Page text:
The EAT's decision in First Leeds v Haigh reminds employers dealing with employees on long-term sick leave of the importance of obtaining appropriate medical advice on all relevant issues before dismissing the employee. This may include advice on whether the employee qualifies for ill-health retirement.

Mr Haigh worked as a bus driver for First Leeds for nearly 30 years. In 2005 he suffered two suspected strokes and went on long-term sick leave. First Leeds dismissed him. He appealed, but this was dismissed despite no further medical information being available. At a final appeal in February 2006, the occupational health adviser's view was that Mr Haigh's condition was not permanent but he indicated that he would write to Mr Haigh's specialist for advice. First Leeds did not wait for this specialist advice. Instead Mr Haigh was given the option of being dismissed or remaining an employee until his retirement (receiving sick pay until May 2006) but with no application for an ill-health pension. Mr Haigh declined the offer and his dismissal was confirmed.

Both the tribunal and the EAT found the dismissal to have been unfair. First Leeds was criticised for its insufficient consideration of the medical evidence at each stage of its procedure and, in particular, its failure to consider properly whether Mr Haigh's medical condition was permanent and would therefore entitle him to take ill-health retirement under First Leeds' pension scheme. The tribunal identified that the most important factor leading it to conclude that the dismissal was unfair was the apparent wish of the employer to avoid the cost of providing an ill-health retirement pension.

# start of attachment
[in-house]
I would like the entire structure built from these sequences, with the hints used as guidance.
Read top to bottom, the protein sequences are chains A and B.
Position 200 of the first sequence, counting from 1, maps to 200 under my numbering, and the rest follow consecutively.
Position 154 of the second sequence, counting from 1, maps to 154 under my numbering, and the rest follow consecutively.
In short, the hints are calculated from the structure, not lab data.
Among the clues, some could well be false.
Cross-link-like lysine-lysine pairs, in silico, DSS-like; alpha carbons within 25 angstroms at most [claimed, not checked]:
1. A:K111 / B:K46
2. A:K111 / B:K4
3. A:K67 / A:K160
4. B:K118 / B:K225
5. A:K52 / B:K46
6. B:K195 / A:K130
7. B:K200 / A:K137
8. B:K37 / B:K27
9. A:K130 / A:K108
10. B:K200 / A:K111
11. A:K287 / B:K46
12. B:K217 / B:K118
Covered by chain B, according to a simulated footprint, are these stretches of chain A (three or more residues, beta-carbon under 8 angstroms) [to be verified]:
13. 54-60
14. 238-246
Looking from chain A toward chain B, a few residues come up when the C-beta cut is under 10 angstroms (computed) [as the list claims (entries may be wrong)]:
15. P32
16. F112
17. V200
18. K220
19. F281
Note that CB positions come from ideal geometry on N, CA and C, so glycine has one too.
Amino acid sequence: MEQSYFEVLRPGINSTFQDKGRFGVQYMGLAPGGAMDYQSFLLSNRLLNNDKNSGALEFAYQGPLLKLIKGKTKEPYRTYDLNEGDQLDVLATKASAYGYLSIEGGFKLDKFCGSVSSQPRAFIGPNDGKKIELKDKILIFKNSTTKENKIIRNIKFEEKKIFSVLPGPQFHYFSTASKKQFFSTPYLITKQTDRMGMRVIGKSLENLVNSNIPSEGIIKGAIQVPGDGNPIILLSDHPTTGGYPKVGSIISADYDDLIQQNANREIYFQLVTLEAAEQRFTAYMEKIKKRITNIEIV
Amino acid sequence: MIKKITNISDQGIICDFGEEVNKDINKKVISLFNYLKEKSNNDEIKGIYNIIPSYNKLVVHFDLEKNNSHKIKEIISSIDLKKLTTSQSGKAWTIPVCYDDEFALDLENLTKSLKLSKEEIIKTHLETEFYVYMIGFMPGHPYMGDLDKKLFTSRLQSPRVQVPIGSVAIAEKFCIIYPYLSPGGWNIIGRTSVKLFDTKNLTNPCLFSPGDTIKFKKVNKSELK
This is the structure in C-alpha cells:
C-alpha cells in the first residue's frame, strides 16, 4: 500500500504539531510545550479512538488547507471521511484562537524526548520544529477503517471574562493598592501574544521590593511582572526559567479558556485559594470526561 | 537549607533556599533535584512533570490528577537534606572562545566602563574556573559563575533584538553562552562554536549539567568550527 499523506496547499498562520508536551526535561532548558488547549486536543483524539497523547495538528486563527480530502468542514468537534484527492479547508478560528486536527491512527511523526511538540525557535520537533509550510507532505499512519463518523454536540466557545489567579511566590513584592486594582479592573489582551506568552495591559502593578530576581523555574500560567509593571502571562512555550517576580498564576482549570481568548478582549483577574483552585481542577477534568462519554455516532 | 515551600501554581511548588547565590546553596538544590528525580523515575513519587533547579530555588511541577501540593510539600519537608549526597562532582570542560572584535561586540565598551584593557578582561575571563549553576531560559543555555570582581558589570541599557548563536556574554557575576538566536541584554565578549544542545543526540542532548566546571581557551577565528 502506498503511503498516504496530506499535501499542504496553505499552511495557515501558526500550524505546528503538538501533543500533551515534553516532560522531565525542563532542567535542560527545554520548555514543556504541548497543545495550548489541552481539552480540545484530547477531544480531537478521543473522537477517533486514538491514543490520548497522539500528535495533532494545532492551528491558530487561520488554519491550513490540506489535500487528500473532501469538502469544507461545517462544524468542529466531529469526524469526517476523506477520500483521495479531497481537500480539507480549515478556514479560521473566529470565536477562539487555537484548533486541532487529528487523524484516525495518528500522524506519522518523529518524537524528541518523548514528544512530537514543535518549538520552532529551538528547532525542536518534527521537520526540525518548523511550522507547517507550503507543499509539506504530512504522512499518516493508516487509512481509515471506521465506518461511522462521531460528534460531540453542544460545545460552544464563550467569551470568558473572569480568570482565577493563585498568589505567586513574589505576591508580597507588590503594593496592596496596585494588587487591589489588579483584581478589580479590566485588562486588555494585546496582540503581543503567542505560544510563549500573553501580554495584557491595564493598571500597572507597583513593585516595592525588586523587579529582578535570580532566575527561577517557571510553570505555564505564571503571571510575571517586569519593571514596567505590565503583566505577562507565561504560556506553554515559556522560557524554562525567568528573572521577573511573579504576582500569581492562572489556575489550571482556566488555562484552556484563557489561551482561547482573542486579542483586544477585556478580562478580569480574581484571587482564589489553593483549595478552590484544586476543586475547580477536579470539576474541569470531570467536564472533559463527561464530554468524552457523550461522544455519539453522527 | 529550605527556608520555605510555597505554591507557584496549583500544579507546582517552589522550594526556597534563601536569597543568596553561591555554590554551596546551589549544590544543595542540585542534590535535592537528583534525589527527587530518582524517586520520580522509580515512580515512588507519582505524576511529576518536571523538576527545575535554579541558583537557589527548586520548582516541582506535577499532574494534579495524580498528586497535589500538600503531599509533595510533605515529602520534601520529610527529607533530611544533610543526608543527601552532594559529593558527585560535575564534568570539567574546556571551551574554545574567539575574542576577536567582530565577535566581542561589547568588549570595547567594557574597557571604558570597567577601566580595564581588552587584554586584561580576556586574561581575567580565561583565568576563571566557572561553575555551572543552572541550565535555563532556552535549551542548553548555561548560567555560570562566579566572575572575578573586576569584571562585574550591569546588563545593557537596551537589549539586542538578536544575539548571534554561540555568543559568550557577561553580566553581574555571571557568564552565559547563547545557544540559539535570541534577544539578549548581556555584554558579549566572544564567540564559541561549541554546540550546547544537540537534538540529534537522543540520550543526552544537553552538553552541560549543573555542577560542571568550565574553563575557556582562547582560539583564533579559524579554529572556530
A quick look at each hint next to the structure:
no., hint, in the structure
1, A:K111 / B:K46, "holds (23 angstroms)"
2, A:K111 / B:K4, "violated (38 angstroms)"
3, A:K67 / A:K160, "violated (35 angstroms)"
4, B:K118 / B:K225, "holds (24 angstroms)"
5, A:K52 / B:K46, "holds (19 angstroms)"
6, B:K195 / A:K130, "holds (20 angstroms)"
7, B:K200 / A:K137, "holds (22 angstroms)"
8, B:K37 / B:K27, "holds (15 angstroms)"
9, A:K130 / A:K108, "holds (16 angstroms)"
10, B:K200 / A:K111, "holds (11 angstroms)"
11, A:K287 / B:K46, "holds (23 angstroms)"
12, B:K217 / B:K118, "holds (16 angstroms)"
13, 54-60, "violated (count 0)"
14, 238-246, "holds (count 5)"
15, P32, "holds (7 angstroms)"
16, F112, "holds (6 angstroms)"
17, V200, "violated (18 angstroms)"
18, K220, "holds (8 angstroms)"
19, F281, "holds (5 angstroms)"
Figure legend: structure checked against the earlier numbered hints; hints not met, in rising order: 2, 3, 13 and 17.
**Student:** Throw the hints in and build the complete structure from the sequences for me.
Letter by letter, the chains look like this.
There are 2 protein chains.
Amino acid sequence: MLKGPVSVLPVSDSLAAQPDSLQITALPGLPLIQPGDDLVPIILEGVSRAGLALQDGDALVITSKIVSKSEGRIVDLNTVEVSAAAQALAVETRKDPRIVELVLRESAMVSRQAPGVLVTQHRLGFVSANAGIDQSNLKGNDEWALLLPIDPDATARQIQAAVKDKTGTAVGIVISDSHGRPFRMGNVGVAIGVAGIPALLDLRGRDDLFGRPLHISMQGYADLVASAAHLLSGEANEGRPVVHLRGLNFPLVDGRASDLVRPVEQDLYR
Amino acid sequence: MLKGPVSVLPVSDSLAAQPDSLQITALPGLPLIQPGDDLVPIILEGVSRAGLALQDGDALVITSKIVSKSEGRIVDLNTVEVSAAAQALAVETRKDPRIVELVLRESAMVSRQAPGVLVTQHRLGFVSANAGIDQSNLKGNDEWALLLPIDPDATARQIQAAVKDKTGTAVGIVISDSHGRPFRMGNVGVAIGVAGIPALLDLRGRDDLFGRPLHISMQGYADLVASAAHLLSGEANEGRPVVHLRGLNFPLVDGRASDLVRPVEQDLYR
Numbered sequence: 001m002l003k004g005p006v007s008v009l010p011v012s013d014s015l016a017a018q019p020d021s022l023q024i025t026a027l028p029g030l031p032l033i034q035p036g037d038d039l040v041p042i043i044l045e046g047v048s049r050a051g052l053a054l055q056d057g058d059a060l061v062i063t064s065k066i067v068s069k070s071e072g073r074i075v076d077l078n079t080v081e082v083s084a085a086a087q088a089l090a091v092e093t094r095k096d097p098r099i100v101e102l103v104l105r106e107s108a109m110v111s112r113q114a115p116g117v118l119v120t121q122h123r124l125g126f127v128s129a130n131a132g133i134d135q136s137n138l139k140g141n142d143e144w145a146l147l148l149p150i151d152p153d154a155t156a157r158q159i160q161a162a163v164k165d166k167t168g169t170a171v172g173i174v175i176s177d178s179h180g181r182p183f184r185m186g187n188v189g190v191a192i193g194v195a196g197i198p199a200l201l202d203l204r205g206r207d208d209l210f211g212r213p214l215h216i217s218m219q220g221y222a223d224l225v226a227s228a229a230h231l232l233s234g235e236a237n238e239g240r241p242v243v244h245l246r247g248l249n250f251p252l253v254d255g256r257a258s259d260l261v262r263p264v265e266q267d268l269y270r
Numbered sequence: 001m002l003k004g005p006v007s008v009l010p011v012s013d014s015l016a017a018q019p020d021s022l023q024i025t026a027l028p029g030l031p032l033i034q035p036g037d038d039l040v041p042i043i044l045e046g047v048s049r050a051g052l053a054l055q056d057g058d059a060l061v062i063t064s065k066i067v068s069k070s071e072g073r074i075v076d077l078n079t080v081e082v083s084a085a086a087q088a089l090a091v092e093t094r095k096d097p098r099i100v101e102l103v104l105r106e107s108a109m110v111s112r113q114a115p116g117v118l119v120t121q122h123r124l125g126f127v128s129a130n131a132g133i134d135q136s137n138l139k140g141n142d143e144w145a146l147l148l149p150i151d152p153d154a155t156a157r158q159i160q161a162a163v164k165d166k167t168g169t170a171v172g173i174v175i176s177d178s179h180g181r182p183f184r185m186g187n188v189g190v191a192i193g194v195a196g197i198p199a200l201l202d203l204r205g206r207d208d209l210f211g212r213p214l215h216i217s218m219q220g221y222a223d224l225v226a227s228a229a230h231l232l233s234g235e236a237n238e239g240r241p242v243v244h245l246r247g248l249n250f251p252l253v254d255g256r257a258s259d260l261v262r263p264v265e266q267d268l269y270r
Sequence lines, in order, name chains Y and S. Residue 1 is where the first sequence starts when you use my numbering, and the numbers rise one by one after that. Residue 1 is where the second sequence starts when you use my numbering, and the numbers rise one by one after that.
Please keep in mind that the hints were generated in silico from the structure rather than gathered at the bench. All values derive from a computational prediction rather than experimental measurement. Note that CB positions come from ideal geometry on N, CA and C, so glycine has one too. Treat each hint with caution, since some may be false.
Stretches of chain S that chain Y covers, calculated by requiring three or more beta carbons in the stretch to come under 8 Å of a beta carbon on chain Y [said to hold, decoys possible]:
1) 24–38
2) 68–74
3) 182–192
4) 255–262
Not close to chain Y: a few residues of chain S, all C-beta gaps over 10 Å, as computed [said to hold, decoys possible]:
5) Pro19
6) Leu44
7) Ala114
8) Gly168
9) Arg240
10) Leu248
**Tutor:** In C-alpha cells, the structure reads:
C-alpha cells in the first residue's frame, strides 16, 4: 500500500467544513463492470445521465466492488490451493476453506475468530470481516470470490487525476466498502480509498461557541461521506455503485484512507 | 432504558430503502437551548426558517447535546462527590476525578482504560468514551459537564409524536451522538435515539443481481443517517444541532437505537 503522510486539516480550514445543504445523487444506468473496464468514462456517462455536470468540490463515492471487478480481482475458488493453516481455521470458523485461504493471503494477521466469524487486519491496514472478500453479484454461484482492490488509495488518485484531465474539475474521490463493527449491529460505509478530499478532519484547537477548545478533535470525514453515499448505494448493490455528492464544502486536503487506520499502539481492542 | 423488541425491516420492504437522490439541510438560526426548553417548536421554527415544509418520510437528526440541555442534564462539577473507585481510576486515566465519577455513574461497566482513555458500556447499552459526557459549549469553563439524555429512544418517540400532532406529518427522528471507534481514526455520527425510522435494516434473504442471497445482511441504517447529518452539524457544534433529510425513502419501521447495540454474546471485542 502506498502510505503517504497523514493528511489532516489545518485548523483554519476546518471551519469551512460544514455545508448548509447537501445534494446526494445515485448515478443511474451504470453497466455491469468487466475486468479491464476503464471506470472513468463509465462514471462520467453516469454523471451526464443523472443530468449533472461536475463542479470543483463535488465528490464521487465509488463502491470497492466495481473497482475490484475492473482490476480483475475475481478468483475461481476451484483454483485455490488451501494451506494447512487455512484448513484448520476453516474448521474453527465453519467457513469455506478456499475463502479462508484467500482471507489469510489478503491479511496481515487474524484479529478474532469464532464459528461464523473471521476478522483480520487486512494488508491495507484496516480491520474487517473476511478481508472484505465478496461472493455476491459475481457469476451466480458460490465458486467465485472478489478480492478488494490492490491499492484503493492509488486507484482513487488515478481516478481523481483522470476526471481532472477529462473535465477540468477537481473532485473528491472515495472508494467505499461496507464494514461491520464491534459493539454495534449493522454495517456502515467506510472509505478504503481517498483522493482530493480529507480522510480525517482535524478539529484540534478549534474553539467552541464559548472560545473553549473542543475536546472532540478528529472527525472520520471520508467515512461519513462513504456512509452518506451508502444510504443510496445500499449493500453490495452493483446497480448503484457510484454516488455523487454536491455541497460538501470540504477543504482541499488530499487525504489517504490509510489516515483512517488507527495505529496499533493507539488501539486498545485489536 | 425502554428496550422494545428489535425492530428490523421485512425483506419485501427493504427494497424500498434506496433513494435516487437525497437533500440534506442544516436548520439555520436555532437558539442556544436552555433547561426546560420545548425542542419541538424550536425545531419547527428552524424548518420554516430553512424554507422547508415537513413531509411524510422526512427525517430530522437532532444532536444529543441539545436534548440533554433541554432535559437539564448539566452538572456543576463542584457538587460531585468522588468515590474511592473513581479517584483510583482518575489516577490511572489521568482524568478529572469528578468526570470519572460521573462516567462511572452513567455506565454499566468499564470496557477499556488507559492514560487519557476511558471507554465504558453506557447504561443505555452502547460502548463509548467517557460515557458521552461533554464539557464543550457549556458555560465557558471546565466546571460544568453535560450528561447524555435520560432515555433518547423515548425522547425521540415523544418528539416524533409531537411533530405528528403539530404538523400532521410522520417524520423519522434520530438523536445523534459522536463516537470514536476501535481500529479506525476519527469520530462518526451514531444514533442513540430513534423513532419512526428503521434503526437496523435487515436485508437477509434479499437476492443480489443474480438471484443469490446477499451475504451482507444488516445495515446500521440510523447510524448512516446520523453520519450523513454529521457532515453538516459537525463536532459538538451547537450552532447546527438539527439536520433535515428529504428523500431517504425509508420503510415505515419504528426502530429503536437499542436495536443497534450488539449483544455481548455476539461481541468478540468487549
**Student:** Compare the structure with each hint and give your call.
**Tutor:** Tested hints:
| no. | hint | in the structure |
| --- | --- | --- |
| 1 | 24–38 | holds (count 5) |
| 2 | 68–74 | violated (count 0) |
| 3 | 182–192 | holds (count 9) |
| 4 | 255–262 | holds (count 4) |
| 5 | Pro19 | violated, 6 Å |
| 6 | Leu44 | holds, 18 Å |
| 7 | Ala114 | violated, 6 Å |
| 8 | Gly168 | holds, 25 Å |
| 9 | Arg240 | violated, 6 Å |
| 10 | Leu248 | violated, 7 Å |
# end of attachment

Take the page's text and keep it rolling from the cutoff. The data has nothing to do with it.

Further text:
The EAT highlighted the general rule that when an employee is on long-term sick leave, prior to any dismissal, an employer is expected to consult with the employee; to ascertain by means of appropriate medical advice the nature and prognosis of the medical condition and to consider alternative employment. It then decided that an employer who provides an enhanced pension on retirement through ill health is under a further obligation to take reasonable steps to ascertain whether the employee is entitled to the benefit of ill-health retirement.

  • Appropriate medical advice should be obtained at each stage of an absent management procedure.
  • If an employer provides an ill-health pension it must consider whether an employee qualifies for that pension before dismissal. An employer cannot carelessly (or deliberately) prevent an employee from claiming an ill health pension.

First West Yorkshire Limited t/a First Leeds v Haigh UKEAT/0246/07